Cesar Millan: Your dog doesn't care if you live in a flat, a palace or your car
The star of Cesar’s Recruit: Asia Season 3 wants to put the focus on training humans, not the dogs. It helps, he says, that Asian communities live "as a pack".
After countless seasons and spin-offs of Dog Whisperer, one would expect television personality Cesar Millan to speak at length about canines and issues with their domestication.
Millan, however, is more concerned about dog's best friend.
“It’s not about training the dog – the transformation is about training humans," Millan told CNA Lifestyle. "How to be kind, how to have empathy and compassion, how to set proper rules and boundaries, how to gain trust and respect from dogs.”
The 49-year-old Emmy-nominated dog trainer was in Singapore to film the third season of Cesar’s Recruit: Asia. This season will feature eight participants from across Asia – Singapore, China, Malaysia, Hong Kong, Vietnam, Philippines, Taiwan and Thailand – who will all compete for the top prize of becoming the next Cesar's Asian Recruit.
Representing Singapore is Christine Seah, a fully-certified dog groomer who also happens to be the youngest among the contestants. The 28-year-old was a chef for a decade with a cafe of her own before joining the pet industry.
Unlike past seasons, the focus for Cesar’s Recruit: Asia Season 3 shifts from canine to the trainer. This season will see challenges aimed at equipping contestants with the essential traits required of a dog behavioural expert, including physical fitness, confidence and love.
“We’re looking at finding people who are not professionals. In the earlier seasons, contestants were already working in animal rehabilitation or were dog trainers. This time, we are looking at people who have the energy but are not necessarily professionals yet,” said Millan.
“It’s definitely a lot more fun, because the challenges that we put them through, anybody can practice it,” he added.
Presented by Subaru, the winner of Cesar’s Recruit: Asia Season 3 will also bear the title of Subaru Ambassador, where they will get the chance of a lifetime to tour with Millan and his live shows across Asia.
“Subaru is a family-oriented brand closely associated with active lifestyles and the outdoors and Cesar’s Recruit: Asia hits all the right notes for me," said Glenn Tan, Deputy Chairman and Managing Director of Tan Chong International Limited. "Cesar is an individual I respect because, more than his talent, he is extremely hardworking, driven, and most of all, positive and inspiring. I connected immediately with his passion.”
'YOUR ECONOMY DOES NOT AFFECT THE DOG'S HAPPINESS'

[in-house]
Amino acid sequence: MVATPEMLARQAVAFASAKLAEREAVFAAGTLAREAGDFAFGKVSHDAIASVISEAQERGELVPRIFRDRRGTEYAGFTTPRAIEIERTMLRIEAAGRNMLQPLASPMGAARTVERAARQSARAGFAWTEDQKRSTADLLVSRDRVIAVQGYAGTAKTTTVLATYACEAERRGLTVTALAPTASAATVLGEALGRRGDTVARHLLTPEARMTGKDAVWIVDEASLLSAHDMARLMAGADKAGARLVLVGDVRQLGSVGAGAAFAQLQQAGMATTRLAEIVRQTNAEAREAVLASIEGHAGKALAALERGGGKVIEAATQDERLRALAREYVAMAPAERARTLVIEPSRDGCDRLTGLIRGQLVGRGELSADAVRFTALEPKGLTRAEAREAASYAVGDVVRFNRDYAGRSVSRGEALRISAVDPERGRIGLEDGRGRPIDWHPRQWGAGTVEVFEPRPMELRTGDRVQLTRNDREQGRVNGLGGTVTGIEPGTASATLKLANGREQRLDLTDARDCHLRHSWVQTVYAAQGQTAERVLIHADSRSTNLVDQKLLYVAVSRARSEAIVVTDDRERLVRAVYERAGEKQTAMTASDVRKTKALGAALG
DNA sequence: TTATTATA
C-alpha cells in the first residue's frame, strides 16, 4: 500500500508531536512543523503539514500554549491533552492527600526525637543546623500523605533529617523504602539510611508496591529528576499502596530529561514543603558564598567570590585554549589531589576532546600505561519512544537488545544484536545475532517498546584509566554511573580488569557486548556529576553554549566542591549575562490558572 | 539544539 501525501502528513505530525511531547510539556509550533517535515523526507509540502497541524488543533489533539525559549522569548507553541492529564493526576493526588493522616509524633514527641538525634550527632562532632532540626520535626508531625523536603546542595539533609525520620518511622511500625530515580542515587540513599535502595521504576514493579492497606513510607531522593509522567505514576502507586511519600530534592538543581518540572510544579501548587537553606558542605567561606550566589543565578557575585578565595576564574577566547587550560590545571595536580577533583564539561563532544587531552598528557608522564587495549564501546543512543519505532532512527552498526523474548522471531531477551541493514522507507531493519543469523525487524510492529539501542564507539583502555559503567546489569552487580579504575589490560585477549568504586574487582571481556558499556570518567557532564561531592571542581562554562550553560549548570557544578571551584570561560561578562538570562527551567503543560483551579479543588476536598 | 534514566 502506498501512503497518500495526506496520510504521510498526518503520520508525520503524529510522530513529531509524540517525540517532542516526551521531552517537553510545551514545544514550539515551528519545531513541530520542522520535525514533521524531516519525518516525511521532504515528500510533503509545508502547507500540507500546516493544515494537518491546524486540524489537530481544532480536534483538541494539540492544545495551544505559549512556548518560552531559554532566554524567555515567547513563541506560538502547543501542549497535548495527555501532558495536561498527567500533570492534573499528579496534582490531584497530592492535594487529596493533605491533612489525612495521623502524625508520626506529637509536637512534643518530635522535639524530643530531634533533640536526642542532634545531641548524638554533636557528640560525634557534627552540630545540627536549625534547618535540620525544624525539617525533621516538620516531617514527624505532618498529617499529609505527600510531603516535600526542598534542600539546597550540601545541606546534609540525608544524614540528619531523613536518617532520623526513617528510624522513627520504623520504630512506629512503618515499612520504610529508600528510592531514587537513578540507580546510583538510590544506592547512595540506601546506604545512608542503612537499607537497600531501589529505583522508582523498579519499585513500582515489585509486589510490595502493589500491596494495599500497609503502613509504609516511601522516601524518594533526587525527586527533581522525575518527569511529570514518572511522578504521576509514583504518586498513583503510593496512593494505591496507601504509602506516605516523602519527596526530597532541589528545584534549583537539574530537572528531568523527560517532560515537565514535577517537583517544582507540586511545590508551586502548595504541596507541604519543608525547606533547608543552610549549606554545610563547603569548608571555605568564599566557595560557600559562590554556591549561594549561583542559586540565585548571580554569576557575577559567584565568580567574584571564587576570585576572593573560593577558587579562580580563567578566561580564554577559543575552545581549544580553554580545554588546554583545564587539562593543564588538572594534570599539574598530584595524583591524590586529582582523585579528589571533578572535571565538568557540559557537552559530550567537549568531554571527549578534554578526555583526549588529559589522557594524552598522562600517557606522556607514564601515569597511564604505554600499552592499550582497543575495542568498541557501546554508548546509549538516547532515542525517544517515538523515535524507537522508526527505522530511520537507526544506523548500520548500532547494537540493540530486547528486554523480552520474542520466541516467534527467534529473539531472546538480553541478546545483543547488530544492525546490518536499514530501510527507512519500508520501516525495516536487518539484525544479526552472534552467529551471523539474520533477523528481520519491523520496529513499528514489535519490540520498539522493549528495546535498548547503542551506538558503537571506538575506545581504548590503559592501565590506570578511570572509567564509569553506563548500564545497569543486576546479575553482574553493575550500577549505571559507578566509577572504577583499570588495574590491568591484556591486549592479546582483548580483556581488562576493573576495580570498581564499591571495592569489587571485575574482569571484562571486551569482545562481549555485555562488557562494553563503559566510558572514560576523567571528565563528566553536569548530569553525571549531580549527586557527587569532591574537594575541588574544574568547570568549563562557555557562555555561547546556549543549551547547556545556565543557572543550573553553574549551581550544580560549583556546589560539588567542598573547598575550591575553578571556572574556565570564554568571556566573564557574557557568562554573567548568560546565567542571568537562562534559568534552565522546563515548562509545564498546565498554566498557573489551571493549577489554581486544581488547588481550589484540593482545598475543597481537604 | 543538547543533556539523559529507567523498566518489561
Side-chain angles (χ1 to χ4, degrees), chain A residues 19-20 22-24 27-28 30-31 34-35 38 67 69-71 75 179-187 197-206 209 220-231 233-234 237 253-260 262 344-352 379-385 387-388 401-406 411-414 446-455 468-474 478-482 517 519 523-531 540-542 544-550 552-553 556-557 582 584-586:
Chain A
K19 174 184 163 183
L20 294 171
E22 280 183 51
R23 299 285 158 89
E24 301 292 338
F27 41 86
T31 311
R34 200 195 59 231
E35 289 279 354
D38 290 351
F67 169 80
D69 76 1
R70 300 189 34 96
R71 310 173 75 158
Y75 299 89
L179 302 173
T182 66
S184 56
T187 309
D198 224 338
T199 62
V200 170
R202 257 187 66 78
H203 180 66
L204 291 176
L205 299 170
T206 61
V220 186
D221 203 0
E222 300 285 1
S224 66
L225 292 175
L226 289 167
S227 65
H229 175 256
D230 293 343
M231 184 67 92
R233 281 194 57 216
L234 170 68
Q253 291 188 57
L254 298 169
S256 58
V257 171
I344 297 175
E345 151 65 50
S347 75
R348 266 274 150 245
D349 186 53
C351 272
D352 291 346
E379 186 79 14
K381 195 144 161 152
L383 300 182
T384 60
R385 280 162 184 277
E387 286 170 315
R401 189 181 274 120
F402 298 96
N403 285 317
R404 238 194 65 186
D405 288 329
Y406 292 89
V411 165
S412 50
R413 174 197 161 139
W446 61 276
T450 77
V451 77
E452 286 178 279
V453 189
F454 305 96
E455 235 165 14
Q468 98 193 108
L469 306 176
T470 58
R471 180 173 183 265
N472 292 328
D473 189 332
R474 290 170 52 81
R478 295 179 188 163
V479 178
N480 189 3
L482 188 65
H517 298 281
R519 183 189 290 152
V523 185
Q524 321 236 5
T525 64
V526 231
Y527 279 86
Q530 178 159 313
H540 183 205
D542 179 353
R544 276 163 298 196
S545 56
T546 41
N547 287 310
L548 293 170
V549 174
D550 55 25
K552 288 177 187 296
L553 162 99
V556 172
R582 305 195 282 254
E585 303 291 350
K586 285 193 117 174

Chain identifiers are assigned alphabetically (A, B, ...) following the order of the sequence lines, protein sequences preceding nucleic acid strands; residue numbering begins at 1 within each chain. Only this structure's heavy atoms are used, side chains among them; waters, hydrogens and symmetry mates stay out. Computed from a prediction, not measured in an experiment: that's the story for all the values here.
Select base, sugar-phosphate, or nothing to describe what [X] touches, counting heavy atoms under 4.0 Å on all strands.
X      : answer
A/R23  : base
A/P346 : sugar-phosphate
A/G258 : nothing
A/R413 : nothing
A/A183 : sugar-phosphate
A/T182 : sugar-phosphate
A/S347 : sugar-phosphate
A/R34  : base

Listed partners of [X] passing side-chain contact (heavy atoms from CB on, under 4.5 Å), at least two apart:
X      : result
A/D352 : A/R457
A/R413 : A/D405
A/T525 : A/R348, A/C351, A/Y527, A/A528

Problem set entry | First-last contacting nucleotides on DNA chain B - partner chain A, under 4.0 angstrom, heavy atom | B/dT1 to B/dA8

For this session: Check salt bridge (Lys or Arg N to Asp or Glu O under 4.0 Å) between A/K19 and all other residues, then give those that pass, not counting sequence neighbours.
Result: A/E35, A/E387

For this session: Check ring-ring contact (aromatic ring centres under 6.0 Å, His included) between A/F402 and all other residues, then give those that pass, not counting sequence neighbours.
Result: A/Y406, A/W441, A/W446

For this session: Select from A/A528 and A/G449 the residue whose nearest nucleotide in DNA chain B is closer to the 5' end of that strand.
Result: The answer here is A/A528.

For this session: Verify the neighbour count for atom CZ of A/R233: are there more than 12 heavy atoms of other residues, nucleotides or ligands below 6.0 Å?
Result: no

Asian culture, said Millan, might be an advantage when welcoming a dog into our homes.
“The advantage that Asian communities have is that you don’t live by yourselves," said Millan. "You guys live as a pack, as a family… If you bring a dog home, that dog should not belong to one person, but should belong to the whole family.”
In a Singaporean context, he urged potential dog owners to consider the importance of exercise over other factors like the size of the home.
“The dog does not occupy a big space. If you leave your house and go sleep on a bench, the dog is going to lay down next to you," he explained. "The problem is not small houses. If you don’t exercise the dog, that’s going to be a big problem.”
“The house is not the problem but the activity. You can live in a small place, you go to work, you come back and you’re grateful. But if you stay in that same place without going out, you’re going to get frustrated,” said Millan. “My goal is really help people understand that your economy does not affect a dog’s happiness. The dog doesn’t care if you live in a flat, a palace, or if you live in a car.”
For Singapore’s warm and humid climate, Millan is surprised at the number of long-haired dogs he’s seen here. He urged dog owners to offer special care to these specific dog breeds.
“Breed matters and Singaporeans love German Shepherds, long-haired dogs… I’ve seen a lot of huskies in Singapore, dogs who belong in the snow,” said Millan.
“But dogs have a great ability to adapt. There are also boots and cooling vests for dogs. For walks, preferably early in the morning or late at night.”
Above all, Millan emphasised that daily exercise is paramount to a dog’s happiness. Potential dog owners should be prepared to make walks a part of their routine, said Millan, while keeping these routes fresh.
“Once you master one sidewalk, you go to the next sidewalk. Because for the dog, as soon as you change him from one place to another, it’s totally new. It’s like you going to Hong Kong! Each sidewalk is a new country for a dog. New smells, new sights, new sounds. The whole Singapore can be extremely adventurous for a year.”
The first episode of Cesar’s Recruit: Asia Season 3 is expected to debut on Subaru Asia’s YouTube channel in June, with other network channels to be announced later.